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2010 Deep Sea Coral Cruise - west coast
Mission info 2007 Nancy Foster Cruise
 

Blog June 12, 2010:
Patience, Patience, Patience

Jennifer Bright
Olympic Coast National Marine Sanctuary

Dreaming of corals, an image of Paragoria from the 2008 deep 
sea coral cruise
Dreaming of corals, an image of Paragoria from the 2008 deep sea coral cruise.
While we were transiting to the outer coast of Washington's Olympic Peninsula I was wondering if things would run smoothly on our first day of diving. I have high expectations of getting the remotely operated vehicle (ROV) into the water and viewing the first deep sea corals of our 2010 research cruise. Since today is my birthday, it would be a great gift to have the bugs worked out and collect some good video footage from the ocean bottom. Last night, instead of dreaming of sugar plum ferries, I was dreaming of Paragorgia, Primnoa, Swiftia, and Lophelia, some of those beautiful deep sea coral species we expect to see out here.

Rudy Schlepp installs components on the ROV
Rudy Schlepp installs components on the ROV.
Now that we have arrived at our first dive site in Olympic Coast National Marine Sanctuary, we are in the process of completing final ROV testing. The initial dunk test, so to speak. In the dry lab (video capture and review) and wet lab (sample processing) the team is a buzz of activity practicing as if we were real time annotating the dive and collecting samples from the containers on the ROV. Some of the team leaders got off the ship after the shakedown and are missed by the remaining team members. We are all full of excitement and anticipation for the dives to begin. That should happen later today.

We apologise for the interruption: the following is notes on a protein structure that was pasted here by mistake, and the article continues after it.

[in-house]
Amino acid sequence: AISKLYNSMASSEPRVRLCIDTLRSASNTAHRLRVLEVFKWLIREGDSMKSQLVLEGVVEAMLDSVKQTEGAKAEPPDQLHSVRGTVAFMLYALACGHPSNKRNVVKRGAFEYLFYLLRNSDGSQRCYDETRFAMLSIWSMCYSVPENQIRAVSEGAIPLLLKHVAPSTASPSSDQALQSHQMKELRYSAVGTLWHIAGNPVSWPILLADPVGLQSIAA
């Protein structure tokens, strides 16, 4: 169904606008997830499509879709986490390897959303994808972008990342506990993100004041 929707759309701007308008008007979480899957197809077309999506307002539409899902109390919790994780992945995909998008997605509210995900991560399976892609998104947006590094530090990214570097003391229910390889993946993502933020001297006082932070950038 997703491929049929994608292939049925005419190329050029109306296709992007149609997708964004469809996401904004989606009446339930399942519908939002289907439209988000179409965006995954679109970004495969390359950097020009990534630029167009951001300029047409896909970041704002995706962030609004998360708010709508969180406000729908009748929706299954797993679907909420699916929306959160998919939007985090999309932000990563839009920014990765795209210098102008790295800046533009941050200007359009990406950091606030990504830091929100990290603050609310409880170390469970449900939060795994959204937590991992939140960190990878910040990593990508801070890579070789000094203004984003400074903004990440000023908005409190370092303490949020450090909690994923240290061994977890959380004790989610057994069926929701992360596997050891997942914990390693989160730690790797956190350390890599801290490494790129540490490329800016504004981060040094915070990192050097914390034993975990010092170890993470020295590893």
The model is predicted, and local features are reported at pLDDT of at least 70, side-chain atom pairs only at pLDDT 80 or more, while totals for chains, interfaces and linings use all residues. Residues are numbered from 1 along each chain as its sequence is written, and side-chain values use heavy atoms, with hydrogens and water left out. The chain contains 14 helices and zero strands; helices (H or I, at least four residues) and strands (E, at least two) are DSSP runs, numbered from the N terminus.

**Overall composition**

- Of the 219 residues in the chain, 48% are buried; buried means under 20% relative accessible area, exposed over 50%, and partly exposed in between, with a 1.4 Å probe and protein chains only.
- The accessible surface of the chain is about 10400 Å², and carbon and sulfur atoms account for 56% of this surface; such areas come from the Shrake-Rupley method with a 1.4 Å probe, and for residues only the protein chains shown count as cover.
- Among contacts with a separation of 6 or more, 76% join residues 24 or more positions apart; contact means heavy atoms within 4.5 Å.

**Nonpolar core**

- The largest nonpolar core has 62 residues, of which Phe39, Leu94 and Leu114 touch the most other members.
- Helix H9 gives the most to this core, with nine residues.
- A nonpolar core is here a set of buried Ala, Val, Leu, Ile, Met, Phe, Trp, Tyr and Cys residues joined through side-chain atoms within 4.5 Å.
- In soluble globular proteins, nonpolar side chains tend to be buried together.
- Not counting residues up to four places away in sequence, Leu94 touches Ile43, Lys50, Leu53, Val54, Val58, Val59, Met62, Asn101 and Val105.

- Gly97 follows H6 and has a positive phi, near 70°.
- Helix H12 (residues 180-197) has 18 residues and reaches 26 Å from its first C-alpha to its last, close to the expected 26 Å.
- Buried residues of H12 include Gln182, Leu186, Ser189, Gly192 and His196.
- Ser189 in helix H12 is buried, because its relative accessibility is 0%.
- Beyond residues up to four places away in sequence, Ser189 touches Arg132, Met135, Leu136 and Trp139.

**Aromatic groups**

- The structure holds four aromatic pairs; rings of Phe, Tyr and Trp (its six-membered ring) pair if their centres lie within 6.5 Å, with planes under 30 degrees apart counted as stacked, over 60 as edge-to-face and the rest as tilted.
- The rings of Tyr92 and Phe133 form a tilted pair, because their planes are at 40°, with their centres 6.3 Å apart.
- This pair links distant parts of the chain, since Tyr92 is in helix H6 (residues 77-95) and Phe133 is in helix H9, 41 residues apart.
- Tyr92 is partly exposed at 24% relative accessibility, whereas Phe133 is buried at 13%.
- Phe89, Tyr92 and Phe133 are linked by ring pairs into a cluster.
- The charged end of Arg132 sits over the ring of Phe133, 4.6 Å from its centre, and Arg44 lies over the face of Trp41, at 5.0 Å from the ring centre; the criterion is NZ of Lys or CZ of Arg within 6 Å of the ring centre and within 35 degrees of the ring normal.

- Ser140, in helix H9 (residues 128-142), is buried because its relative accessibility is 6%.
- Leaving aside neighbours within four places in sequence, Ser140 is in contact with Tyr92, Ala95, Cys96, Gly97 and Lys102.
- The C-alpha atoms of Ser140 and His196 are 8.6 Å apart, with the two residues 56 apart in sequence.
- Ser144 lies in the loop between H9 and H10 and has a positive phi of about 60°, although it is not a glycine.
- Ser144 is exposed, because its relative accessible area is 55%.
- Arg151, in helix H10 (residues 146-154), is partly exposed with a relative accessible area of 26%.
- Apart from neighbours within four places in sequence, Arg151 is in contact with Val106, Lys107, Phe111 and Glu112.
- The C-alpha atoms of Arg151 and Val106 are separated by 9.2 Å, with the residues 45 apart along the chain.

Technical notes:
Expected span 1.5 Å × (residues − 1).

Dennis Arbige makes adjustments to the mechanical arm as Ed 
Bowlby looks on
Dennis Arbige makes adjustments to the mechanical arm as Ed Bowlby looks on.
Working with realistic space and budgetary constraints can be difficult when performing research. For example, our ROV team could always use additional staff experts to help insure a perfect mission. However, such a desire is just not feasible primarily due to the limited amount of bunk space onboard the vessel. For example, we could always use extra information technology (IT) and video technicians. But in reality scientists have to be highly multi-disciplinary and learn as much as possible outside of their professional and academic training in order to accomplish mission objectives. Today we are working out the bugs of our systems and running tests to determine technical problems before they occur underwater when we need to be gathering important data.

ROV during its first dunk test to check equipment and buoyancy
ROV during its first dunk test to check equipment and buoyancy.
While working out the bugs we have biologists troubleshooting IT and video issues. No matter how prepared a mission is, equipment will always fail and it is up to the ingenuity of the team to overcome obstacles that are outside their expertise. Although at times highly stressful, the excitement involved in high stakes research activities is just as enjoyable for the team as satisfying our curiosity of the ocean ecosystems below. There are moments when it seems as though a minor equipment failure could jeopardize the entire mission, yet the team is able to overcome the problem and the mission continues. Perseverance and patience are critical for a successful research cruise.

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